This is Roscoe, our younger daughter's new dog. He's spending the night with us while his family is away.
All this dying raised questions for five-year-old Nate. He's been asking his parents if people die too. His mother and father have been trying to explain.
The other day he announced, "I don't want to live to be 100."
"Why not?" his mother asked, surprised.
"It's too old. I don't want to be that old. How old was Grandma Dott?"
"She was 99."
"Well, that's too old."
Since Nate was just a baby when she died, he must have picked up the idea of "too old" from listening to what we adults have been saying whenever we talk about Grandma Dott's last few years.
Recently, Nate listened as his mother read a book to him in which objects fall overboard and sink. He asked, "Do people sink when they fall overboard?"
"Well, no, " his mother said. "People can swim."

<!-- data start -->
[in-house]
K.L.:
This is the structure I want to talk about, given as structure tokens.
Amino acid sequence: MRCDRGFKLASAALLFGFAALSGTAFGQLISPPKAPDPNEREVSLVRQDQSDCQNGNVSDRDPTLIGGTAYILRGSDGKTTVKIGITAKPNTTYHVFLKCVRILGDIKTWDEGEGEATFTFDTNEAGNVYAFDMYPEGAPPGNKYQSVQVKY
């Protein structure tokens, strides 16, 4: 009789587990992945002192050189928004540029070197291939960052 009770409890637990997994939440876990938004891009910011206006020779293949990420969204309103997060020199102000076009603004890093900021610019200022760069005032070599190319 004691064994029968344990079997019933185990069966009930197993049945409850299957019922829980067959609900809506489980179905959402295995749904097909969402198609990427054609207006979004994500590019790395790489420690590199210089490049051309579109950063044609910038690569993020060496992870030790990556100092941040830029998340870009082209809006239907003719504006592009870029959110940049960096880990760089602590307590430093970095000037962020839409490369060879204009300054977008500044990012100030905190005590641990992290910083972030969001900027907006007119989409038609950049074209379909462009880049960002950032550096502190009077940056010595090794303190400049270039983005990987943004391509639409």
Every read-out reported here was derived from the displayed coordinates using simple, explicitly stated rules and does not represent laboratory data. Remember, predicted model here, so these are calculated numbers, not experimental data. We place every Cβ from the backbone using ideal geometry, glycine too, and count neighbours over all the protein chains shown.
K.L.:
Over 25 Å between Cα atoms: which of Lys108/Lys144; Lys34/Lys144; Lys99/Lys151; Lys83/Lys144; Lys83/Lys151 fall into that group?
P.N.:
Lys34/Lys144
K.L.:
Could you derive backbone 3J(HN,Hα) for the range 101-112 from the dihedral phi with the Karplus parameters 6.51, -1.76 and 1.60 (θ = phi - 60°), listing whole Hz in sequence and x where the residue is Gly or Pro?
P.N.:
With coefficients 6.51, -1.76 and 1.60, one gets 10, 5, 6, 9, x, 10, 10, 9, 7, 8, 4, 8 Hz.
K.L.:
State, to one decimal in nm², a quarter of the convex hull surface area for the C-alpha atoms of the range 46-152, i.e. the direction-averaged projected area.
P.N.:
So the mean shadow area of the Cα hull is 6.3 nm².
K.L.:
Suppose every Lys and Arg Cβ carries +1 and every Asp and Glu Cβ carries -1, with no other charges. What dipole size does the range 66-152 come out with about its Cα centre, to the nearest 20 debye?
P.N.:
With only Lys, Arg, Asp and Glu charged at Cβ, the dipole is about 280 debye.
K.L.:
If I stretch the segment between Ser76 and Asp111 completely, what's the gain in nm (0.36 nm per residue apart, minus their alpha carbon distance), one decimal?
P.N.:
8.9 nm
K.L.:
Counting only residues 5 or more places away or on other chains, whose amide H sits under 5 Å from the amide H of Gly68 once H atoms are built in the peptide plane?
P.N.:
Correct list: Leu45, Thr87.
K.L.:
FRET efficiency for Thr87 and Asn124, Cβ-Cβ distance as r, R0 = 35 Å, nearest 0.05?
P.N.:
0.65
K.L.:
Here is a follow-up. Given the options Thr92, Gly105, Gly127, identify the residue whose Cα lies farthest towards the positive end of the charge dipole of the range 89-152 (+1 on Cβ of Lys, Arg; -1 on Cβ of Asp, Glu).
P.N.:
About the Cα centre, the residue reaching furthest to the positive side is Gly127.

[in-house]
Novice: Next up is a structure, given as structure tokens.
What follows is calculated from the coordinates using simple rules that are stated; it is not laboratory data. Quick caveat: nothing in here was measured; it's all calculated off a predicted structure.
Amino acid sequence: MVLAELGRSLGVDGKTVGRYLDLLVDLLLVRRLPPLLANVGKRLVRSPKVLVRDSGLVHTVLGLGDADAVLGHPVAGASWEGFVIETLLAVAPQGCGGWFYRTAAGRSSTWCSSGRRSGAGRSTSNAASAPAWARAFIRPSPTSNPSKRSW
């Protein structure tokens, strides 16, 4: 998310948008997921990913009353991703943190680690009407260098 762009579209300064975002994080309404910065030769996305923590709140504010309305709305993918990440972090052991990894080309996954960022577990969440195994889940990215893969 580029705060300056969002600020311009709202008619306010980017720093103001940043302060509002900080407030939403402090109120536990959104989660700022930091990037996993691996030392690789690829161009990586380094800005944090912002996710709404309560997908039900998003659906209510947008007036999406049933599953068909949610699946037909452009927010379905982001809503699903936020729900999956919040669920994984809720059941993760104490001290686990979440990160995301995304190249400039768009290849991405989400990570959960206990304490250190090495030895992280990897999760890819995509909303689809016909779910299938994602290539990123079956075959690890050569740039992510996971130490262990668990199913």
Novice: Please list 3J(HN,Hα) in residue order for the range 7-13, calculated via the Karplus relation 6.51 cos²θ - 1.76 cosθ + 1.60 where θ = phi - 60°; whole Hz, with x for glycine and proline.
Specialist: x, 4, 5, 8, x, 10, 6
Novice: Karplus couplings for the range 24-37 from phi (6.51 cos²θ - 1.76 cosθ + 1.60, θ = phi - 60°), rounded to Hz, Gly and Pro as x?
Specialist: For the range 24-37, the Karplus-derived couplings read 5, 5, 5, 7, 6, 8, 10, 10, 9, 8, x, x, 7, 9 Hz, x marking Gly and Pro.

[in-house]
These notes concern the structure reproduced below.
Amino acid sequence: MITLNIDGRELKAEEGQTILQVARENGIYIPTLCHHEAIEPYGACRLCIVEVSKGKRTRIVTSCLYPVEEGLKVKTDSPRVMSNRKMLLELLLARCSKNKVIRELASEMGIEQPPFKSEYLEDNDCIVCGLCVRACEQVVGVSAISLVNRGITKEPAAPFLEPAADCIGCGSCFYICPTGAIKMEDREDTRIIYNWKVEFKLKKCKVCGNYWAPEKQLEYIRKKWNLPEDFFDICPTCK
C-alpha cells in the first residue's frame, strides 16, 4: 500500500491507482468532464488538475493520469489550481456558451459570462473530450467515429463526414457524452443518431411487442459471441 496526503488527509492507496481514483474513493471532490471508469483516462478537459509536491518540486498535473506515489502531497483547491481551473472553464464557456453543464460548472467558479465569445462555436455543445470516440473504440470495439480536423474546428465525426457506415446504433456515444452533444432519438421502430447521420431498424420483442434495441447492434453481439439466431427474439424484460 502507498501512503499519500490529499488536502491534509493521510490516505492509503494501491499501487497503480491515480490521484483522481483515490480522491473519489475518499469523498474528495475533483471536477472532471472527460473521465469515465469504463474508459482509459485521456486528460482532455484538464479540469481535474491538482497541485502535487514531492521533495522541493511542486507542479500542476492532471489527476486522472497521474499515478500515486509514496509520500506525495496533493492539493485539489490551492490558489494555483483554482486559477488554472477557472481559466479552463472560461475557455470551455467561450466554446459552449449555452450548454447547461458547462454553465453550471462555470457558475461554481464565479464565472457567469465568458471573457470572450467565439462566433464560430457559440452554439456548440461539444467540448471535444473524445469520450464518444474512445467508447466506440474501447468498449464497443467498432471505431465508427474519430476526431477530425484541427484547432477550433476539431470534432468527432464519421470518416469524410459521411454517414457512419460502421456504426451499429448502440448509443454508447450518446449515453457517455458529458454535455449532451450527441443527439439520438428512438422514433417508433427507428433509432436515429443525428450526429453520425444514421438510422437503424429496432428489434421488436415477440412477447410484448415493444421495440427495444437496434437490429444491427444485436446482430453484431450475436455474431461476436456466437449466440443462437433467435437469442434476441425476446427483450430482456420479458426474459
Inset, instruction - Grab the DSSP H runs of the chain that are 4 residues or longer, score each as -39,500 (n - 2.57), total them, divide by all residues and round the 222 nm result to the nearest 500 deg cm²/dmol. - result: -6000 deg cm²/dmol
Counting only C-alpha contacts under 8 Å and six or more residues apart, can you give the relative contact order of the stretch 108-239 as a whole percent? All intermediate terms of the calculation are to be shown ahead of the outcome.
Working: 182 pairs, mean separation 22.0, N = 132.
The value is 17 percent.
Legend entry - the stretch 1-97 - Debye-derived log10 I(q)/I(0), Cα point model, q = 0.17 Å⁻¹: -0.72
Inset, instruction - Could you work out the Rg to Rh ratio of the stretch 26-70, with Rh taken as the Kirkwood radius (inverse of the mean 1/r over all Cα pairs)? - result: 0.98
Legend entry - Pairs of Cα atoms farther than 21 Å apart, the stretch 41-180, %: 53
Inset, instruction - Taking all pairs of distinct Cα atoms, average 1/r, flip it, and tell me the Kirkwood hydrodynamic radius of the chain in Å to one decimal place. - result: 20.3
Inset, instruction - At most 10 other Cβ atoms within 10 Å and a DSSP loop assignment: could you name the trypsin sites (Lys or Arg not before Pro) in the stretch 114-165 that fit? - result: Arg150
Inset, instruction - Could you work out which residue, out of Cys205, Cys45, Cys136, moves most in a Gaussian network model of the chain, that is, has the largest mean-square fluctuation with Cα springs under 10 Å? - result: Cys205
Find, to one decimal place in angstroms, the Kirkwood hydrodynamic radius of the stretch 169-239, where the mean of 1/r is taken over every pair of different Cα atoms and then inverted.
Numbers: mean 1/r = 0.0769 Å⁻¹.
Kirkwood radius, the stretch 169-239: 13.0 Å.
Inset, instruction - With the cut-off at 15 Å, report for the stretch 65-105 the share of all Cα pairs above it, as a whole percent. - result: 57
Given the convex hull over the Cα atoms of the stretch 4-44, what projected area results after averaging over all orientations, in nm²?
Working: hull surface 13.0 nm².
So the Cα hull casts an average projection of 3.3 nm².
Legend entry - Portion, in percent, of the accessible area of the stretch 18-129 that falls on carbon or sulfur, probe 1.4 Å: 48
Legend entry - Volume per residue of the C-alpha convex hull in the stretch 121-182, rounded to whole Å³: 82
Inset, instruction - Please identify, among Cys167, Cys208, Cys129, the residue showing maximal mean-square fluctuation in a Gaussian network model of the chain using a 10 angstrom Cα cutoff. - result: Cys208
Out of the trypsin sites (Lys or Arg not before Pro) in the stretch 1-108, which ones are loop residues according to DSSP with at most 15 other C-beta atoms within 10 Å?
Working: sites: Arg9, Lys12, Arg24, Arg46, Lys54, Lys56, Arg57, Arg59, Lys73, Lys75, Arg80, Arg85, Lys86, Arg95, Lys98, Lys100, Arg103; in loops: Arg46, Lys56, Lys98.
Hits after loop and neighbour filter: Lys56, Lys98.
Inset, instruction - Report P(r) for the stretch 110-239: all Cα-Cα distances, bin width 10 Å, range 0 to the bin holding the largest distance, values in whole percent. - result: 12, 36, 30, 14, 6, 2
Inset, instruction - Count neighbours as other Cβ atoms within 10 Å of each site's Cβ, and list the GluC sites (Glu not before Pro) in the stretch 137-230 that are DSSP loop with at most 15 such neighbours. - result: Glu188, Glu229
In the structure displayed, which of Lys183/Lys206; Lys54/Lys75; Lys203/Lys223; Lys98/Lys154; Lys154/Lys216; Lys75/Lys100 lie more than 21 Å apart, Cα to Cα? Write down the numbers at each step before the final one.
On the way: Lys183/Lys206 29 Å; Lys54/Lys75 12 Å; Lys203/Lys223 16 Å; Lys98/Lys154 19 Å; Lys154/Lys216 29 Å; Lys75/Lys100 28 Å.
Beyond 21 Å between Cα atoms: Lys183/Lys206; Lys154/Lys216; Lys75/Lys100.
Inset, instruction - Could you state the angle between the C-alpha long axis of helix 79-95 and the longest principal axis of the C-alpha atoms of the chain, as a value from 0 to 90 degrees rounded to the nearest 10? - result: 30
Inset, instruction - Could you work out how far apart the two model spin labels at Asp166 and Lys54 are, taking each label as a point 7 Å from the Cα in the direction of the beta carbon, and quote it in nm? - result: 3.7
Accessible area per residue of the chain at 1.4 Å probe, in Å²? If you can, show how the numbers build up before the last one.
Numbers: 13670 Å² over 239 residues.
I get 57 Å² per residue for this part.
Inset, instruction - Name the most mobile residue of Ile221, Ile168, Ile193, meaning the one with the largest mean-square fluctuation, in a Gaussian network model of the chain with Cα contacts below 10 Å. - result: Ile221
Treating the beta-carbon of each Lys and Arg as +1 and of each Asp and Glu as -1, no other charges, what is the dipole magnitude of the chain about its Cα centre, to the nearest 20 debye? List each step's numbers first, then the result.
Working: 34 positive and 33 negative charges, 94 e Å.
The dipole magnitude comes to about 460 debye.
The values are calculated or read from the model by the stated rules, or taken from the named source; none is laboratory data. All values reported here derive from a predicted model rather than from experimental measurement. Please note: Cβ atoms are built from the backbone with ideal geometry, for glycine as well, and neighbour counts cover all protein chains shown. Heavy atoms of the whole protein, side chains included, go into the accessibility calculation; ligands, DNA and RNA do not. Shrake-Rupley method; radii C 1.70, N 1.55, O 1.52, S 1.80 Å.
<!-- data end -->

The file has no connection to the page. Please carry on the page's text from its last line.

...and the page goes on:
Nate was silent for a moment as he remembered a frightening wave that swept over him and his mother last year at the beach. "The wave came and we went down. Another wave came and we went up. I was scared."
"Yes, I know you were."
"You made a mistake," he said sternly. This wasn't the first time he'd told her that she'd made a mistake by taking him into the ocean that day.
"Yes, I know."
"I am not mad at you, but I am disappointed in you," he said.
She laughed. This is something she and Tom would never say to him, so it's an expression he's picked it up somewhere else. Sounds like early 21st-century ParentSpeak to me.